Road riding, compared to mountain biking, is colder, as wind speeds are higher, and exposure greater. I went from doing a ride at -8 for two hours with just Shimano winter shoes, on my fat bike, to +3 on the road with the same set-up on a road ride a day later. On both rides, my feet were equally warm. Not completely toasty the whole time, but fine. Wind speed and effort levels varied, which is why the 11 degree difference ended up yielding the same result. Shimano winter shoes are fairly wind proof, so the heat losses were from entropy – heat bleeding out, probably through the heat sinking sole and cleat – not from wind exposure. So the socks, in this case, were probably equal to a well insulating sock in another material. When it was -20, I experimented with wearing these socks versus other similar weight normal socks with two pairs of booties, and found them to work equally well when wind was pretty much taken out of the picture.
These socks are particularly advantageous when used with a porous shoe, such as the mountain bike shoes I use for a cyclocross race. For cyclocross, and most racing situations, one would rather use a light, ‘race’ shoe over a clunky winter shoe. This is where the SealSkinz prove extremely useful. Their literal impermeability transformed my combo into one that could handle cold, wet conditions comfortably, where a typical set-up would see socks saturated and feet cold in short order. When booties are both ineffective and impractical, the socks step in and get it done. My Giro Empire VR90 mountain bike shoes are particularly nice for use with these socks, since their laces allow them to expand enough to account for the additional volume.
On the colder, drier rides I’ve done, I’ve been surprised to find that the socks do breath well enough to avoid getting swampy. Neat. They can be used to add windproofing to porous shoes.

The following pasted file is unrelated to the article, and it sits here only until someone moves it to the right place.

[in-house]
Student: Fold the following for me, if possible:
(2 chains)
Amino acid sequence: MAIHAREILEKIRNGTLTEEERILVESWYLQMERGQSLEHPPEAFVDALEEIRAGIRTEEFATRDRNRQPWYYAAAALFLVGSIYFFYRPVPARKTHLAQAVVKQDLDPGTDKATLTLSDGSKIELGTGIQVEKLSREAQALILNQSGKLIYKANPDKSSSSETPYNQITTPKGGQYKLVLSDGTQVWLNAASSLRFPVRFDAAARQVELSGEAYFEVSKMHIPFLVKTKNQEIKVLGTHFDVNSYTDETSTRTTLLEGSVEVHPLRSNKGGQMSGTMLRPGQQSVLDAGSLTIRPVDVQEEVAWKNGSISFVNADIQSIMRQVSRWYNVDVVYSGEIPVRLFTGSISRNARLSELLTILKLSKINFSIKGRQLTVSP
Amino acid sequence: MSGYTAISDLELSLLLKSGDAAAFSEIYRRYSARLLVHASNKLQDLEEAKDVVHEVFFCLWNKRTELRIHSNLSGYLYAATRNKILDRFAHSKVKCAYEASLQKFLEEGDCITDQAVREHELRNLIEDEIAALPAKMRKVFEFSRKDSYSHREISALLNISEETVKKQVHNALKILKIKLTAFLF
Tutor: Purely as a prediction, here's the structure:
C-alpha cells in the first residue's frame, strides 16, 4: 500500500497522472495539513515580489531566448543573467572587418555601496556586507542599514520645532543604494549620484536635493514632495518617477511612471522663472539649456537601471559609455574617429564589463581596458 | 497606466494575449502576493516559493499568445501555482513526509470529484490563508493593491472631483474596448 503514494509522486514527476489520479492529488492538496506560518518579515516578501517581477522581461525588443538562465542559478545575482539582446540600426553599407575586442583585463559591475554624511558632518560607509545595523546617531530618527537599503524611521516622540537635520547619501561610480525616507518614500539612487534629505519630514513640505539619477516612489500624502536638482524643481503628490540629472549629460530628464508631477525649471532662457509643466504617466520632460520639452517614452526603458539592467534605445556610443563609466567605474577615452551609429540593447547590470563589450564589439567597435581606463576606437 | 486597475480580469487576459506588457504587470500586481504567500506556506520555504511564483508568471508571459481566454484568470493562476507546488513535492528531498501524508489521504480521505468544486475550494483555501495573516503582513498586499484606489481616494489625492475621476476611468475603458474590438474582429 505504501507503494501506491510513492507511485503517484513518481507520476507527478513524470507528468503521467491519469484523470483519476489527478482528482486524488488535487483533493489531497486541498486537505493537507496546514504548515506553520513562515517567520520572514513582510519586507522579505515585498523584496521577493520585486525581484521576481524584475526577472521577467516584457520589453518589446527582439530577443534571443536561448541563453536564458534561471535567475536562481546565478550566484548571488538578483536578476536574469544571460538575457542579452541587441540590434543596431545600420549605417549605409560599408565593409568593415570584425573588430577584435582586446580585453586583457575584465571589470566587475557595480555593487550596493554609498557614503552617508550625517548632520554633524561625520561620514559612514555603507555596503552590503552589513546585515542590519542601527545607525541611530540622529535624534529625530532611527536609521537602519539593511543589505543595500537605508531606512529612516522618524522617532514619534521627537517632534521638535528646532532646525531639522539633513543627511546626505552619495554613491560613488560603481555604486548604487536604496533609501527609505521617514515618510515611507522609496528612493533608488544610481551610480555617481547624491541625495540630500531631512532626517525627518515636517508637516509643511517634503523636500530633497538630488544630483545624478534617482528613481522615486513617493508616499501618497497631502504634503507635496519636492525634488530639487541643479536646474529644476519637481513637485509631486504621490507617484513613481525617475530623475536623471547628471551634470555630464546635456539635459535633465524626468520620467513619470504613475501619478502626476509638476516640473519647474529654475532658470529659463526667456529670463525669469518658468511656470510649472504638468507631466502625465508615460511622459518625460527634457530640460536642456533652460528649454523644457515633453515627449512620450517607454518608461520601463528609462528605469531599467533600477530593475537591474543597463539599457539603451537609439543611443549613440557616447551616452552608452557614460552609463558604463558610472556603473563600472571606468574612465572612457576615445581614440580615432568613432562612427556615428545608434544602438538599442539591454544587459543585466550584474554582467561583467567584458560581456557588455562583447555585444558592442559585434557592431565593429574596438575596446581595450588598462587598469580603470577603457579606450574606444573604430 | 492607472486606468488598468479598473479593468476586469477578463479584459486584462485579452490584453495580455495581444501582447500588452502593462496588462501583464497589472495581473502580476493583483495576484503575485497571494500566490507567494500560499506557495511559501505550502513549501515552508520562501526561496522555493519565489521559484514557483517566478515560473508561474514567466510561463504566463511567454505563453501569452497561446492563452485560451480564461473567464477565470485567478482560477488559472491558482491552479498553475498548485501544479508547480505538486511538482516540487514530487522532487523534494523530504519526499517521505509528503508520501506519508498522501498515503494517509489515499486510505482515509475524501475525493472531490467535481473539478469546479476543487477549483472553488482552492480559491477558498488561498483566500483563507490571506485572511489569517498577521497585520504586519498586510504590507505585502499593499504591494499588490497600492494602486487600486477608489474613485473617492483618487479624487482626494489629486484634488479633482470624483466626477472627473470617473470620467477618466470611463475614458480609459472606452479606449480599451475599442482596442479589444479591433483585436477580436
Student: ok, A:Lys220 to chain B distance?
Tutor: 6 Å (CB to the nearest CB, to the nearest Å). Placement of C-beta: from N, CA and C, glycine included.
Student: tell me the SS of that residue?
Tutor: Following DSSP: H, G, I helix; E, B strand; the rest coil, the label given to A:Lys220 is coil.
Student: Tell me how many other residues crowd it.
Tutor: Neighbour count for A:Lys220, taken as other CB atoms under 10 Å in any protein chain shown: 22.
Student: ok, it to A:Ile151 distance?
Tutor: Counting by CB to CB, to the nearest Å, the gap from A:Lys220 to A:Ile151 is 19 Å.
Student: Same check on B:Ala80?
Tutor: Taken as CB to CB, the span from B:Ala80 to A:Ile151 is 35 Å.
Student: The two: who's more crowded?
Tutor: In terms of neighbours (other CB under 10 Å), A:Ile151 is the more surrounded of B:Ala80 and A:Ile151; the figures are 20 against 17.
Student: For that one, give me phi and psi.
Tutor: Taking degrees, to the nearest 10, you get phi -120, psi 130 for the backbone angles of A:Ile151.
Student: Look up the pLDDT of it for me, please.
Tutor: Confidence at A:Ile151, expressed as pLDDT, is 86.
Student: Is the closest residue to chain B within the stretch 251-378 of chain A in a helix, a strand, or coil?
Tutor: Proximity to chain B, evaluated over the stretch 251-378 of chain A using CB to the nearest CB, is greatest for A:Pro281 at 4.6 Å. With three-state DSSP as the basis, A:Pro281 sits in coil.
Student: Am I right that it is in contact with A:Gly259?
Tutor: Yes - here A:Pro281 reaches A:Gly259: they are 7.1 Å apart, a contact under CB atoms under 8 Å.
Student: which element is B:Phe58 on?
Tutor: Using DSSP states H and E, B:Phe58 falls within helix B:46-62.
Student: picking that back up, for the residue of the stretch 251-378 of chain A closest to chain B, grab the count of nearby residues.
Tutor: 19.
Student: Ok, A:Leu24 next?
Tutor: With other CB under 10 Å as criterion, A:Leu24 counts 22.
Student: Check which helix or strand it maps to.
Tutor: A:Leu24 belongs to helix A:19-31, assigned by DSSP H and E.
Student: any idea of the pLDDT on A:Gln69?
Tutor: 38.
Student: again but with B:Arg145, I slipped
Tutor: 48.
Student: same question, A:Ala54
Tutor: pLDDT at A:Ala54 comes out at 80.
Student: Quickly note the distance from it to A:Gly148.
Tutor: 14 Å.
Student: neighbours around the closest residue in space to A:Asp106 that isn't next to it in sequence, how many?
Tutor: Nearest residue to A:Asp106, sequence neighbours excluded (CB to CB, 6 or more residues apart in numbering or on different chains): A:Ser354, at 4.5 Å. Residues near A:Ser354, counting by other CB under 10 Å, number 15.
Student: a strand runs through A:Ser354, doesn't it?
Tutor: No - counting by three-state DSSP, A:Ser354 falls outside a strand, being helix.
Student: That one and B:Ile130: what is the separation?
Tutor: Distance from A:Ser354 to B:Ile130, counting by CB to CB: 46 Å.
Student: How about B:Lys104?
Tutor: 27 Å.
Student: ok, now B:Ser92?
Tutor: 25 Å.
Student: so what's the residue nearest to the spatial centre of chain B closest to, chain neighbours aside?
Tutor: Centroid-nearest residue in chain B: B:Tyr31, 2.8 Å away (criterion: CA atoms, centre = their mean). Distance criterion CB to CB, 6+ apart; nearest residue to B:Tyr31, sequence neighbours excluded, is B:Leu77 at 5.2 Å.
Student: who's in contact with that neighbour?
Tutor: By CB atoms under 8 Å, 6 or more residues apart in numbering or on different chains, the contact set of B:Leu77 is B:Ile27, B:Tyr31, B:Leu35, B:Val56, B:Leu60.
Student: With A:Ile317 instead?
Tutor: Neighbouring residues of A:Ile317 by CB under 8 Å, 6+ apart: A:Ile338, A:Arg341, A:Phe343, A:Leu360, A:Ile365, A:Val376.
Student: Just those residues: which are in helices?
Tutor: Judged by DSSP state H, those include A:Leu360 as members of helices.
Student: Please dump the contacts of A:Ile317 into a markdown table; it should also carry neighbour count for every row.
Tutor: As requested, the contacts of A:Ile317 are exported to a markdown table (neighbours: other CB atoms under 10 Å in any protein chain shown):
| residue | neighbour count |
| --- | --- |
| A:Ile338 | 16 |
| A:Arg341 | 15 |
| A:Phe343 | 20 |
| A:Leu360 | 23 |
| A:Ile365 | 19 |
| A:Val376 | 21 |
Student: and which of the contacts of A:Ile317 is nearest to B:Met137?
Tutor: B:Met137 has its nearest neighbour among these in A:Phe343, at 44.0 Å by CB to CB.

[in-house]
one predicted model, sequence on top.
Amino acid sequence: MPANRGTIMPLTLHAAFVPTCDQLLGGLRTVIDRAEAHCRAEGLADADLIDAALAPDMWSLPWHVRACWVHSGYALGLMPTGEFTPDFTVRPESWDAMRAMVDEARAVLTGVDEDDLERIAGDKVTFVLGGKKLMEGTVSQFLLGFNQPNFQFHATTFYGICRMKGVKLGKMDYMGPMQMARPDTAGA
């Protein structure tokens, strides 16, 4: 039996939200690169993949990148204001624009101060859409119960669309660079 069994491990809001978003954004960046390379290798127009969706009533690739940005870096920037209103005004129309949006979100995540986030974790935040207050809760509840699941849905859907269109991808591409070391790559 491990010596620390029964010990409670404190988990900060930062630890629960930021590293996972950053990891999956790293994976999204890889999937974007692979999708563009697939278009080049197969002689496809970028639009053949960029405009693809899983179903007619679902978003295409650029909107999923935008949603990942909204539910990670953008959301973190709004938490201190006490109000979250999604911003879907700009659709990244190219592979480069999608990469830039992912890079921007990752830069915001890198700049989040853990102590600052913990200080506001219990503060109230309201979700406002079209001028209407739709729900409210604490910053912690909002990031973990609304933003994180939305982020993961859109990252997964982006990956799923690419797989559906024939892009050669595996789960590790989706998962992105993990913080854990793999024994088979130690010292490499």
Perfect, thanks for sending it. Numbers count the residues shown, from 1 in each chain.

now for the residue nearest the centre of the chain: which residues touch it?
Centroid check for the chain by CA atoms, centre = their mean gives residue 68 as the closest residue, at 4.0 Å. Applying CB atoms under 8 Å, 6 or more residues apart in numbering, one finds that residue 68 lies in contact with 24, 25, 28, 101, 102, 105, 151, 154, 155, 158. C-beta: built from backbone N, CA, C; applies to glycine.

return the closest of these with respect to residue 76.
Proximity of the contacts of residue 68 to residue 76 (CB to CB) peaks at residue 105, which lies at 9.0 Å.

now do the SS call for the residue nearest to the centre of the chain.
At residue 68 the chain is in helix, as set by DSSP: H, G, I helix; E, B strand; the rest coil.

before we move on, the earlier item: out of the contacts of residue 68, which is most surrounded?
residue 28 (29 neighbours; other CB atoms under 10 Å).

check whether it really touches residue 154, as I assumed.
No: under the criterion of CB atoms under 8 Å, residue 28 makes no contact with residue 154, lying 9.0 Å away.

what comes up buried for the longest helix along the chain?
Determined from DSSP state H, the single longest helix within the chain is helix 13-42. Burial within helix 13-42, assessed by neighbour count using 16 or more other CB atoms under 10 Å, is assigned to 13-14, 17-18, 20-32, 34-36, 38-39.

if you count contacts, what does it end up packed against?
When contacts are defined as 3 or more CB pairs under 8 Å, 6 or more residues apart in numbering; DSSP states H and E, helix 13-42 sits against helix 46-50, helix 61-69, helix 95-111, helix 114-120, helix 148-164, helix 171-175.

These socks will really be indespensible for long, wet rides and races, especially those that threaten full immersion of the feet. In some cases, such as 2014’s inaugural Rasputitsa race, and the Hell of the North way back in 2009 being able to run through water can be a competitive advantage. For the Rasputitsa, I used Gore-Tex shell socks under an insulating sock (with the Gore-Tex duct taped to my skin to prevent inundation), which was ok after running though water, but not great, as the insulating sock wasn’t able to insulate a lot once saturated. The SealSkinz will work better for conditions like that. If it’s also raining, I’d tape them too.
Conclusions – MATTER Rating 8/10
Durability after a year looks good so far. I see no visible wear, and I expect them to hold up well. I wash them inside out when not dirty on the outside to refresh the looped structure inside. One of the cuffs has unraveled a where it is folded over, which I suspect SealSkinz would warranty if I got around to asking.
“Whatever the weather, whatever the activity, our purpose is to enable you to go further, go longer, leave first and return last.” – SealSkinz
All in all, I am very impressed and happy with these socks, and I feel they deliver on their marketing. For those riding in all conditions, I highly recommend them. The heaviest weight option won’t likely fit your typical shoes, but will fit those that you’ve upsized for big socks. For best results, you want to maintain some air space.
My next acquisition from SealSkinz will be the lightweight socks, which might fit into my road shoes for the rainy days around +5. I’ll write about them in that case. I am also very curious about their gloves and booties, specifically, these Ultragrip gloves and oversocks, so I willexperiment with them if I can acquire them. My wife says I have glove problem too…. I’m not sure whether I have a booty problem.
You can order SealSkinz directly here.